Divish spoke to Saunders himself, who declined to comment on the situation. Saunders’ agent, Michael McCann, said it was both “shocking” and “very disappointing.” Said McCann: “These comments don’t reflect Michael Saunders’ work habits. They imply that that he’s lackadaisical.” Part of the trouble, Divish writes, is that Saunders had never before had his work ethic or preparation questioned by the Mariners, and to have that done in a public forum was hurtful. Zduriencik clarified that the comments he made could be applied to any player, and he was adamant to Divish that the organization is not planning on moving on from Saunders. However, he has previously identified corner outfield as a potential area to add some offense. Divish speculates on an offseason trade, though he also notes that even if Saunders is pushed to the role of fourth outfielder, his low salary (he should earn less than $3MM via arbitration) would be an acceptable price for that role, especially given his upside. Over the past three seasons, the former top prospect has batted .248/.320/.423 with 39 homers and 38 steals. I should note that Divish’s entire piece is well worth the read, as this brief write-up doesn’t capture nearly all of the quotes and information he compiled.
Here’s more from baseball’s Western divisions…
- The Diamondbacks should give strong consideration to moving one of their young shortstops if it can bolster the rotation, writes the Arizona Republic’s Nick Piecoro. The Snakes finished the season with Didi Gregorius, Chris Owings and Nick Ahmed all on the roster, but no room to play all three of them with Aaron Hill being owed $24MM through 2016 and prospects Jake Lamb and Brandon Drury both looking like third base options in the near future. (Lamb already received a taste of the Majors in 2014.) The team seems to view Owings as the best of the bunch, given his greater offensive ceiling, but both Gregorius and Ahmed have value to other clubs. Piecoro spoke to rival executives about each shortstop, with one stating that while Gregorius might not bring back “a Matt Harvey or a Jacob deGrom,” he could be worth someone such as Rafael Montero of the Mets. Another evaluator told Piecoro that his club actually prefers Ahmed to Gregorius, so both could seemingly have good trade value.
- Though he’s been a popular managerial candidate this year, Red Sox bench coach Torey Lovullo will not be interviewed by the D’Backs for their own managerial vacancy, reports Nick Cafardo of the Boston Globe (Twitter link). Lovullo interviewed with the Astros prior to their hiring of A.J. Hinch, he’s already interviewed with the Rangers and will reportedly interview with the Twins as well.
- Padres executive chairman Ron Fowler tells Dennis Lin of the San Diego Union Tribune that they have “definitely expanded our international focus under [new GM] A.J. [Preller].” Lin examines whether or not that could mean a legitimate run at Yasmany Tomas, though as he notes, that would be an unprecedented move for the Friars. In fact, last season’s signing of Joaquin Benoit to a two-year, $15.5MM contract was the largest free agent expenditure in franchise history, Lin points out. The largest contract in franchise history, he adds, is Jake Peavy‘s old three-year, $52MM deal. Tomas could cost double that amount, but the Padres have just $40.5MM committed to next year’s payroll, and the $90MM Opening Day figure from 2014 could rise, ownership has said.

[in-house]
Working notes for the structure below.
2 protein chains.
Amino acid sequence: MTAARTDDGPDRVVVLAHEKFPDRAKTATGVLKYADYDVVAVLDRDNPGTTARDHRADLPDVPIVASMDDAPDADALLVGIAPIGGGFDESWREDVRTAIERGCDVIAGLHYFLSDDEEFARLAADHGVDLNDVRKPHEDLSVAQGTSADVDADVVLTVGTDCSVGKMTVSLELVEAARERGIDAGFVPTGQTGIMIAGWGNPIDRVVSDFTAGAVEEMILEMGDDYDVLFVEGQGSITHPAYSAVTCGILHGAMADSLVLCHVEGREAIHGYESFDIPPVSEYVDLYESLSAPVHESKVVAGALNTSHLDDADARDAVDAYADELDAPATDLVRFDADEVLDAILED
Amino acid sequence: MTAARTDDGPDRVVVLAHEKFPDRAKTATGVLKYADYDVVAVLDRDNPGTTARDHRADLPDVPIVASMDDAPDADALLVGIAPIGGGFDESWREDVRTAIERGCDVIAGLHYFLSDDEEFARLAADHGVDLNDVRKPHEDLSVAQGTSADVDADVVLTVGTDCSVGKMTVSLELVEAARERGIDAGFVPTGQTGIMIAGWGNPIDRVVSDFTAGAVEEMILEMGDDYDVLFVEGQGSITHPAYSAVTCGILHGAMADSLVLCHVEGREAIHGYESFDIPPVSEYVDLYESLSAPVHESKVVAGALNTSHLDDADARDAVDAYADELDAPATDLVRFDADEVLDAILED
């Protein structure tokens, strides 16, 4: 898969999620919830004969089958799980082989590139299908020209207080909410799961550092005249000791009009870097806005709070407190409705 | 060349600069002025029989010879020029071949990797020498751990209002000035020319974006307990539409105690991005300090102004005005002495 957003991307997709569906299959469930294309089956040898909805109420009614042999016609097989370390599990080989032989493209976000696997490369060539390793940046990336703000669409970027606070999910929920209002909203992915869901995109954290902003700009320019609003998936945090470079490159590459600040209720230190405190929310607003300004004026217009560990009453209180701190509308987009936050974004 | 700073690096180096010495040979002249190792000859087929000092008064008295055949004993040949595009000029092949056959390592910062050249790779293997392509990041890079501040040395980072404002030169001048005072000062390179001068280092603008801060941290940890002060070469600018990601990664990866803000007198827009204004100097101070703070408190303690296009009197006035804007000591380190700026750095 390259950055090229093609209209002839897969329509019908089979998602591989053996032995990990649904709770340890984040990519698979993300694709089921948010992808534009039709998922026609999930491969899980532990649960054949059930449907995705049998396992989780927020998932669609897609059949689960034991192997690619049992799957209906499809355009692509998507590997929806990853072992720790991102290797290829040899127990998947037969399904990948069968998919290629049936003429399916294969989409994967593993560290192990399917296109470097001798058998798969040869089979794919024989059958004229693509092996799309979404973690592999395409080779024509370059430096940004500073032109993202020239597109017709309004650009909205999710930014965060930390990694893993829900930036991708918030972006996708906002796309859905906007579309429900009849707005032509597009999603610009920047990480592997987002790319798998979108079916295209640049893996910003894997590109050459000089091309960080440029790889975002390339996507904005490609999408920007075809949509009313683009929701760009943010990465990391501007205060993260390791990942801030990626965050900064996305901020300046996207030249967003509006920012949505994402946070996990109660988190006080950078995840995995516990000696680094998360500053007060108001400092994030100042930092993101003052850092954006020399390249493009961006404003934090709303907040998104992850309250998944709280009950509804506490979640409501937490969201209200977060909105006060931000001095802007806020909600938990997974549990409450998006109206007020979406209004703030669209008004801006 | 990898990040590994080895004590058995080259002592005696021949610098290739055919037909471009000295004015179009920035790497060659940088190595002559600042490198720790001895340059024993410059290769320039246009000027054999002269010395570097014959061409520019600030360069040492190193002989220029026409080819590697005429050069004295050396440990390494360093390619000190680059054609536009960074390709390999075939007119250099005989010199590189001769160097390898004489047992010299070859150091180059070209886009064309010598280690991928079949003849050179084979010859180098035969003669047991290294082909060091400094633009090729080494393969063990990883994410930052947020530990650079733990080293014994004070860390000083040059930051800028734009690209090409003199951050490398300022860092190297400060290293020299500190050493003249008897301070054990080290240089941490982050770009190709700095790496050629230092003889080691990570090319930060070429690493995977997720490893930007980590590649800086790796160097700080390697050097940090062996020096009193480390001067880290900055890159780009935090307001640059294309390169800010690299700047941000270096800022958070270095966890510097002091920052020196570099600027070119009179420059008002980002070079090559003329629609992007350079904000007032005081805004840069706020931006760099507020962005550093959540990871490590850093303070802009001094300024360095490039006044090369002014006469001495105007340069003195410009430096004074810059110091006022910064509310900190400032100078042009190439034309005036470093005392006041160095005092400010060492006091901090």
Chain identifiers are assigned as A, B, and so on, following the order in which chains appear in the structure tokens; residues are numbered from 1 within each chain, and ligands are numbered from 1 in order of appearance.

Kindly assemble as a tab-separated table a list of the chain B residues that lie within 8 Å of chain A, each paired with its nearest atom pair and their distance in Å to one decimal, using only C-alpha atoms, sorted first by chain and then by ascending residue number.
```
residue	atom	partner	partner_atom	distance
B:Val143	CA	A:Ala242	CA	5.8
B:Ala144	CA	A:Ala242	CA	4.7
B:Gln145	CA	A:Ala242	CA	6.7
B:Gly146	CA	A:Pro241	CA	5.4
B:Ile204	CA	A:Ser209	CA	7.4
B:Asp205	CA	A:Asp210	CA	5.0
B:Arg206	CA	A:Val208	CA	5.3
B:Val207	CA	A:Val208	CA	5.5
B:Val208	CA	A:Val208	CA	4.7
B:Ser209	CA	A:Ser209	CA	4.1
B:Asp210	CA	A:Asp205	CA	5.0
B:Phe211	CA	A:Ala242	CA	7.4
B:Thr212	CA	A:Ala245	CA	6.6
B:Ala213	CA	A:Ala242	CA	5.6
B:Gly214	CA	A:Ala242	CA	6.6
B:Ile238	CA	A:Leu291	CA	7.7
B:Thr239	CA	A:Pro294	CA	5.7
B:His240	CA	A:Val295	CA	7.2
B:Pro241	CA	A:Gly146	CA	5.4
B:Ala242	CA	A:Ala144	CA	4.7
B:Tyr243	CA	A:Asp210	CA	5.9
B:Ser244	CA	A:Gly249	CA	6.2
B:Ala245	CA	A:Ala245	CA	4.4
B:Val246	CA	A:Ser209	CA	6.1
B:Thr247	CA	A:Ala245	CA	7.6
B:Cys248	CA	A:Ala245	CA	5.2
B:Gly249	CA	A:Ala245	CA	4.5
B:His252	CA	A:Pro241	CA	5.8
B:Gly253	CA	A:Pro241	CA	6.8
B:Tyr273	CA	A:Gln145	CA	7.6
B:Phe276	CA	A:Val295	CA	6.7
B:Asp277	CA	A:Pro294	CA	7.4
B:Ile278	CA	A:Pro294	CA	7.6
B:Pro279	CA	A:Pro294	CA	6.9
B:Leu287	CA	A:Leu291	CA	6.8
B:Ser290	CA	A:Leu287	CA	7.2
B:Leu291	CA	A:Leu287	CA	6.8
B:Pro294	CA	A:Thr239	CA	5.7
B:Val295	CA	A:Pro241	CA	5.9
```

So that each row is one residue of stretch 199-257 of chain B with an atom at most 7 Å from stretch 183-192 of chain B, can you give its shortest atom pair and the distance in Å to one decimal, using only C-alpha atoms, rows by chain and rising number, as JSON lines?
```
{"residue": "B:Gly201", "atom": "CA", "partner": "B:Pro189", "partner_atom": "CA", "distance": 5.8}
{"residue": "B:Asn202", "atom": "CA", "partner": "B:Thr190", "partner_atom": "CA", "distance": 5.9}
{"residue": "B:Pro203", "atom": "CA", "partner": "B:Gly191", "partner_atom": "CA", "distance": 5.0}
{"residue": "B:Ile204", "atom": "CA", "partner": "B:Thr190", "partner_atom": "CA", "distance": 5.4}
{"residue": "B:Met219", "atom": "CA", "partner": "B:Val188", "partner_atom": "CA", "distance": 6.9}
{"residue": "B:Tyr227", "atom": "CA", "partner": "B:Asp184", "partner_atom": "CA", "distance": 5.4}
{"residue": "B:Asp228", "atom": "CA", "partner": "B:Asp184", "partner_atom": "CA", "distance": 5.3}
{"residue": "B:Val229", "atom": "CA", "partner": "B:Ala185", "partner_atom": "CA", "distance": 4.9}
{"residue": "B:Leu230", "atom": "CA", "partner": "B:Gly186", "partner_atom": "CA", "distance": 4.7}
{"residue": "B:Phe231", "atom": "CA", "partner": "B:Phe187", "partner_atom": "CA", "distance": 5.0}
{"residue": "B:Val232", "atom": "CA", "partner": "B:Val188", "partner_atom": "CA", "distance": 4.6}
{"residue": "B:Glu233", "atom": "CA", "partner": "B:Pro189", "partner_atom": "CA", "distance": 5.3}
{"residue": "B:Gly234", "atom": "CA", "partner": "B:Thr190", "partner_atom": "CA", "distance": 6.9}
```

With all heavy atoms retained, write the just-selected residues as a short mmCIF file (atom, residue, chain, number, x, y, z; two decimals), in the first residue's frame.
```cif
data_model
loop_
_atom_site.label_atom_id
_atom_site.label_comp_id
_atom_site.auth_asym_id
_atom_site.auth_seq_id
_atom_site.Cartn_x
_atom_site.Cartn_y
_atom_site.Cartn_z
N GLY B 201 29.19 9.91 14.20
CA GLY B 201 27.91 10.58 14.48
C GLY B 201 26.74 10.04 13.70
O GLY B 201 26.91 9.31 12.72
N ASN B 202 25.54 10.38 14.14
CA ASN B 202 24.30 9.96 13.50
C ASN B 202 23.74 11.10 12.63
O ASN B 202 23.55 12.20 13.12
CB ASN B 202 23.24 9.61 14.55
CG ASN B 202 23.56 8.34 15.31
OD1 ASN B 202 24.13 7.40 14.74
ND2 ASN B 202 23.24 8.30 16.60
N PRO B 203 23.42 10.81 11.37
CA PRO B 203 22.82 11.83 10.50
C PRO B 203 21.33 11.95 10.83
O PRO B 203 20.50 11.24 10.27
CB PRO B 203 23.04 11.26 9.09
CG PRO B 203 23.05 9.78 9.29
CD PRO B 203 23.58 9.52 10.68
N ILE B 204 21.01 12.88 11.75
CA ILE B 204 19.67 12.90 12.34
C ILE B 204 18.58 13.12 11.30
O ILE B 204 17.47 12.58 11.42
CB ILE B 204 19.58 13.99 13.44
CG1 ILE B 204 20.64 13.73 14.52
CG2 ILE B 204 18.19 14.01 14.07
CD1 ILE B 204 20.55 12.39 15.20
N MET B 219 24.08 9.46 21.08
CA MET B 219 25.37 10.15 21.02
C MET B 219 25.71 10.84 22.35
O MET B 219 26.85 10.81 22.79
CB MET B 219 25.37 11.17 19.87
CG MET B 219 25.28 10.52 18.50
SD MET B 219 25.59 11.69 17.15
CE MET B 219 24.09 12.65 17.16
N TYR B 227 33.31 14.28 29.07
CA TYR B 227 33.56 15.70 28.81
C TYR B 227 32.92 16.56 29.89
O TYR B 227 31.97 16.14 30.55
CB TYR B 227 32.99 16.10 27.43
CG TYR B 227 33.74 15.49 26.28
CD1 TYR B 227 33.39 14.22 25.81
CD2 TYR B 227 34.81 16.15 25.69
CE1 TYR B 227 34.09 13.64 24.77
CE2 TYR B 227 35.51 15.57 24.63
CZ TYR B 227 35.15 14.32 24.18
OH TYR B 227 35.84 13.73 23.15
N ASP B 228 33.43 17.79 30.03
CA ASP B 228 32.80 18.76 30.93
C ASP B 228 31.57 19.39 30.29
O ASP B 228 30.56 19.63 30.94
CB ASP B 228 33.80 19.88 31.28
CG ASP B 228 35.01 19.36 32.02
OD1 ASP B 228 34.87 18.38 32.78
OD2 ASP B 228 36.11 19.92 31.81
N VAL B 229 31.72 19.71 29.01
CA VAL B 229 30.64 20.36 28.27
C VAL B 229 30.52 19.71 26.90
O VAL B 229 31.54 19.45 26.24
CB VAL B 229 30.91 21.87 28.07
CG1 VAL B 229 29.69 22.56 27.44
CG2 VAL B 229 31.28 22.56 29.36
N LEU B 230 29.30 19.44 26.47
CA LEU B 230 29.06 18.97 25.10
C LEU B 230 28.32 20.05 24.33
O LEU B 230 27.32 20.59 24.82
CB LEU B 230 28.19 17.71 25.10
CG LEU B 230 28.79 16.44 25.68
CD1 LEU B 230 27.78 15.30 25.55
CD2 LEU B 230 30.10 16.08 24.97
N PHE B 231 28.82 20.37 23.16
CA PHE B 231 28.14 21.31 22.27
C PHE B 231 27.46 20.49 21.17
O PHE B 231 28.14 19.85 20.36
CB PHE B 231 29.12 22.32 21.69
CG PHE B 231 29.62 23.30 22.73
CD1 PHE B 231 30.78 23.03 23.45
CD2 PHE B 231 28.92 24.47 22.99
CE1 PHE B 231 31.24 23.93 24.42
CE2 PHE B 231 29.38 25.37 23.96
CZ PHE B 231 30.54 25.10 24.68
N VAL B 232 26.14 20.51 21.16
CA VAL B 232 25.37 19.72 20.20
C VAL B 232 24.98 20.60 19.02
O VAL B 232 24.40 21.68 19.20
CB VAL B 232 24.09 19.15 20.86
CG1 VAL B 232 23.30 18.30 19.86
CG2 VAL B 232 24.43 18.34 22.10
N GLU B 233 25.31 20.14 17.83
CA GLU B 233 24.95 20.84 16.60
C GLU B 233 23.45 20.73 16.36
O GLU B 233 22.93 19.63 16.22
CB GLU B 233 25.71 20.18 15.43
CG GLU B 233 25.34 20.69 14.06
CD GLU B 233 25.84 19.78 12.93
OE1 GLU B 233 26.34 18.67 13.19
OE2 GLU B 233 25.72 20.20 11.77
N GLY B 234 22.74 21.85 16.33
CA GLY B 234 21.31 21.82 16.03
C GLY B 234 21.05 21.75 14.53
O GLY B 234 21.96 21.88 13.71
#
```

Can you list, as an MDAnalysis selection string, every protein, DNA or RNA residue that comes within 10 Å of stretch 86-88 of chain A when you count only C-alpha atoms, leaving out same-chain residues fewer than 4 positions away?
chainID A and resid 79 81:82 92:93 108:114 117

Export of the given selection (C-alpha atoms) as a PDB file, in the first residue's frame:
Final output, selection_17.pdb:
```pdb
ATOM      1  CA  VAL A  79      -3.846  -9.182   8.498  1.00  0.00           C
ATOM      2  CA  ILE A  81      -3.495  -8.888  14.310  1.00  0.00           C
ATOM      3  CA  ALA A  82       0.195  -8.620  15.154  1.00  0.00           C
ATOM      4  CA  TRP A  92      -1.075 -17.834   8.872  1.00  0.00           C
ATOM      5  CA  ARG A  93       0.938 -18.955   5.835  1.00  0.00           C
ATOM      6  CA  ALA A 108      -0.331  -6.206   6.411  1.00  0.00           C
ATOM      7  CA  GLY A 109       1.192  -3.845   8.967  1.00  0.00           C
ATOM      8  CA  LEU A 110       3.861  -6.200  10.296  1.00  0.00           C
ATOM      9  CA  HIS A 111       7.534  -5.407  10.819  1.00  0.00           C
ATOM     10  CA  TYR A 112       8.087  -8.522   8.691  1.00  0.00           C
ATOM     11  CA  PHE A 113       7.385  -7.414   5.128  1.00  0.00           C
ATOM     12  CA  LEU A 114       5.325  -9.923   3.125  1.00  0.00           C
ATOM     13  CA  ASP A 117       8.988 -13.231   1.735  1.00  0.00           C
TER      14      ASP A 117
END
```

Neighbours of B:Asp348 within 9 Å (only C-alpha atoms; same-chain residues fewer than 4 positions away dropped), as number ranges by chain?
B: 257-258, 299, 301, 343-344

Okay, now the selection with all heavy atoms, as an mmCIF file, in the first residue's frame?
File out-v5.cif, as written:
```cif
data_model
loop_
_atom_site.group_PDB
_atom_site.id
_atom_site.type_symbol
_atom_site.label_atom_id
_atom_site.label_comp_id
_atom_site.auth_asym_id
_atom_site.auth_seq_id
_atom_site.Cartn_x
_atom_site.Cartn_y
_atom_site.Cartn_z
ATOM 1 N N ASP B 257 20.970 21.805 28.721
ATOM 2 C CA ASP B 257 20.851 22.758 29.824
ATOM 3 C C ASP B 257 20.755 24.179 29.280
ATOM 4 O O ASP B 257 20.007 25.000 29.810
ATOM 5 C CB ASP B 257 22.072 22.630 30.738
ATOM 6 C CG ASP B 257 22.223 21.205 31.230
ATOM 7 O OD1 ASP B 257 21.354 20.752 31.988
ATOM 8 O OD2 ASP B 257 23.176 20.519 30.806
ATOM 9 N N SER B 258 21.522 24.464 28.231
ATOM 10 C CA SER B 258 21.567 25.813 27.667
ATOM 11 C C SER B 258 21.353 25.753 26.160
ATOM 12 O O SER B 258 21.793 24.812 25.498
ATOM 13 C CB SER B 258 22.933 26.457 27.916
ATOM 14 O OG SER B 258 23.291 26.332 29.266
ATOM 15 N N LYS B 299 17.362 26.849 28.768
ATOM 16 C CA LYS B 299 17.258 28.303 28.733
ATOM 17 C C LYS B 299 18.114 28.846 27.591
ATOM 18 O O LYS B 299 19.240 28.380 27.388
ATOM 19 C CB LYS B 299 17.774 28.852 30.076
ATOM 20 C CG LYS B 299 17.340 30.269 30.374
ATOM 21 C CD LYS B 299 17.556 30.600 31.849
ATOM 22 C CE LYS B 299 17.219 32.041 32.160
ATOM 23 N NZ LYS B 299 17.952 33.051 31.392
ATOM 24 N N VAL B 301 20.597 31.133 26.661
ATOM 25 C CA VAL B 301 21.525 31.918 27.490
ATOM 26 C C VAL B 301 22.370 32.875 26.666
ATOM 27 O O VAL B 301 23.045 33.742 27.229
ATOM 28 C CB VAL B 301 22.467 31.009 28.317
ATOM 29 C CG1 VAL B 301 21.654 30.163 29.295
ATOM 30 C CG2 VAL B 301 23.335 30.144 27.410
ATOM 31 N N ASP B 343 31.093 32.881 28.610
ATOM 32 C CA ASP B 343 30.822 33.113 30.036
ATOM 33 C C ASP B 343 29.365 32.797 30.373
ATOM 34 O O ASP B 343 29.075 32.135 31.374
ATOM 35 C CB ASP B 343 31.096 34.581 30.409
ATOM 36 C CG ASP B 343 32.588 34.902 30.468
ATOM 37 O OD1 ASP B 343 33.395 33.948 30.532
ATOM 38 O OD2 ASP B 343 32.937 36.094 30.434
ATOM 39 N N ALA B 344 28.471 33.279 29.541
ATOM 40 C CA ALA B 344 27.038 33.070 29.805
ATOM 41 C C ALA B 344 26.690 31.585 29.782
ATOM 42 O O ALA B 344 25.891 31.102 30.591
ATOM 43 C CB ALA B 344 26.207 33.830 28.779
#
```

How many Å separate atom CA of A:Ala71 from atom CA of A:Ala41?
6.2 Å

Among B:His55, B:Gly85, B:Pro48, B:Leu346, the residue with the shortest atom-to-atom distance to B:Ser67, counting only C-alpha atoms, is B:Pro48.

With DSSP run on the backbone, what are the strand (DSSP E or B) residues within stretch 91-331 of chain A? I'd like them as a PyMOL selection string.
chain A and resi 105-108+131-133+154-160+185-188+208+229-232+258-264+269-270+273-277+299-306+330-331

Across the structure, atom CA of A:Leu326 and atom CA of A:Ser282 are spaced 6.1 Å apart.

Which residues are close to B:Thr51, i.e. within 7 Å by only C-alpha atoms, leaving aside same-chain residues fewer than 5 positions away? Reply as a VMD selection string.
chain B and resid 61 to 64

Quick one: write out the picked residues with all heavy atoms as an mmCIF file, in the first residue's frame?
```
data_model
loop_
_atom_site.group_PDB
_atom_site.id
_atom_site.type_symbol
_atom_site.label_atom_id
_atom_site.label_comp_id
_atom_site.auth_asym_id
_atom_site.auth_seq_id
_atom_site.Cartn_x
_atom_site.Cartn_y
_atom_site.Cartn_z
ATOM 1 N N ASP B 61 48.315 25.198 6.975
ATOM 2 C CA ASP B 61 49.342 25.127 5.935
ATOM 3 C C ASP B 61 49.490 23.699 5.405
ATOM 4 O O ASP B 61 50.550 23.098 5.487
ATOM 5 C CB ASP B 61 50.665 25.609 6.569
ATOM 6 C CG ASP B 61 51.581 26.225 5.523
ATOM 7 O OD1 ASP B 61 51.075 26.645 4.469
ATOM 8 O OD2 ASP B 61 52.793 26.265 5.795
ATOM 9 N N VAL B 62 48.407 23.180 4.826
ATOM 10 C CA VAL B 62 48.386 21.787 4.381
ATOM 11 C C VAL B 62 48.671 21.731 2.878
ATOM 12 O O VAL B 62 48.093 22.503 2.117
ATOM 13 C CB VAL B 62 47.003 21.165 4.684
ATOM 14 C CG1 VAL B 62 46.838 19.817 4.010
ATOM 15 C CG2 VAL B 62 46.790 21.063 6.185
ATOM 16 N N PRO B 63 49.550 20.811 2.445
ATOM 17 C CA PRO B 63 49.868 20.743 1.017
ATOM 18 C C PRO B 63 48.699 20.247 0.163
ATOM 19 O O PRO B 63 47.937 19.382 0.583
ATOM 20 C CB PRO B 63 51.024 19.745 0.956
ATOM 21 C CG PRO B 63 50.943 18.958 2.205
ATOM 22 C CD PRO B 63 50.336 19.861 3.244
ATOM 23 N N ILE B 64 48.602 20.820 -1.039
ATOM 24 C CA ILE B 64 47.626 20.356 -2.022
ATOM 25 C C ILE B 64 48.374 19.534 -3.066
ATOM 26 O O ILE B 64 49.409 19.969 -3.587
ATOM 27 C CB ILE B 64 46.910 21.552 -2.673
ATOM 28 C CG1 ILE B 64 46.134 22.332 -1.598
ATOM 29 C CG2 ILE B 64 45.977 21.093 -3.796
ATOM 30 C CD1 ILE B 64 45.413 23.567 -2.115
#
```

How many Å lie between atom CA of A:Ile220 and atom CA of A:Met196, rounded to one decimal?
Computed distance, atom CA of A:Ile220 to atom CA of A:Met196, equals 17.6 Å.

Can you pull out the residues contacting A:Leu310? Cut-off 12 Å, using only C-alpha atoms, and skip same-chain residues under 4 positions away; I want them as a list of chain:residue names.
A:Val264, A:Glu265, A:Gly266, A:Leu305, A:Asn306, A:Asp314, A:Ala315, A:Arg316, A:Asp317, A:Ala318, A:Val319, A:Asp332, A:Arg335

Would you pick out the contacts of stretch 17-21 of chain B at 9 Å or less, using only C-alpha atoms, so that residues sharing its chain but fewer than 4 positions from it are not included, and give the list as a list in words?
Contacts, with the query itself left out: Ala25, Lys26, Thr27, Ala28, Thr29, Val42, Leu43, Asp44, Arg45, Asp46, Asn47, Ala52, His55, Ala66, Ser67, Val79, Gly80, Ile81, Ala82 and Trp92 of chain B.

- After losing hitting coach John Mallee to the Cubs, Astros GM Jeff Luhnow spoke highly about Mallee’s work to Evan Drellich of the Houston Chronicle. Drellich points out that Mallee deserves some credit for the success of Jose Altuve and Chris Carter in 2014, although skeptics could also point to the strikeout problems some of the other team’s young hitters had. Luhnow said he hopes to have a finalized coaching staff in place by month’s end, and as Drellich notes, only pitching coach Brent Strom is a guarantee to return at this point.
26-year-old Kenta Maeda of Japan’s Hiroshima Carp is expected to become available through the posting system, making him an intriguing potential addition to the upcoming free agent market. Ben Badler of Baseball America has a report on Maeda’s last outing in the Nippon League, writing that he “flash[ed] three average or better pitches with good fastball command.” Though slight in build, Maeda steadily worked in the 90-94 mph range. Ultimately, Badler indicates that, while the righty is not viewed as a top-of-the-rotation arm at the MLB level, he should draw plenty of interest if he is made available.
Here are a few more stray notes from around the game:
- The Yankees may be interested in re-signing mid-season acquisition Chase Headley, reports Jon Heyman of CBSSports.com. A move to bring back the third baseman would appear to be a strong indication that Alex Rodriguez is not expected to be an option there, Heyman explains.
- The Tigers thought they were going to acquire then-Red Sox lefty Andrew Miller at the trade deadline after meeting Boston’s asking price, reports Joel Sherman of the New York Post. But the Sox gave the Orioles one last chance, resulting in Eduardo Rodriguez heading north to a division rival. As Sherman notes, the eleven outs that Miller recorded in the ALDS for the O’s, rather than the Tigers, had an undeniable impact on Baltimore’s three-game sweep.
- Looking ahead to Miller’s free agency, one executive tells Sherman that three years and $21MM is probably just the starting point for the southpaw’s market. The ability to deploy Miller in the way that the Yankees used Dellin Betances in his breakout year — often throwing multiple innings in winnable games — greatly increases his value, says Sherman.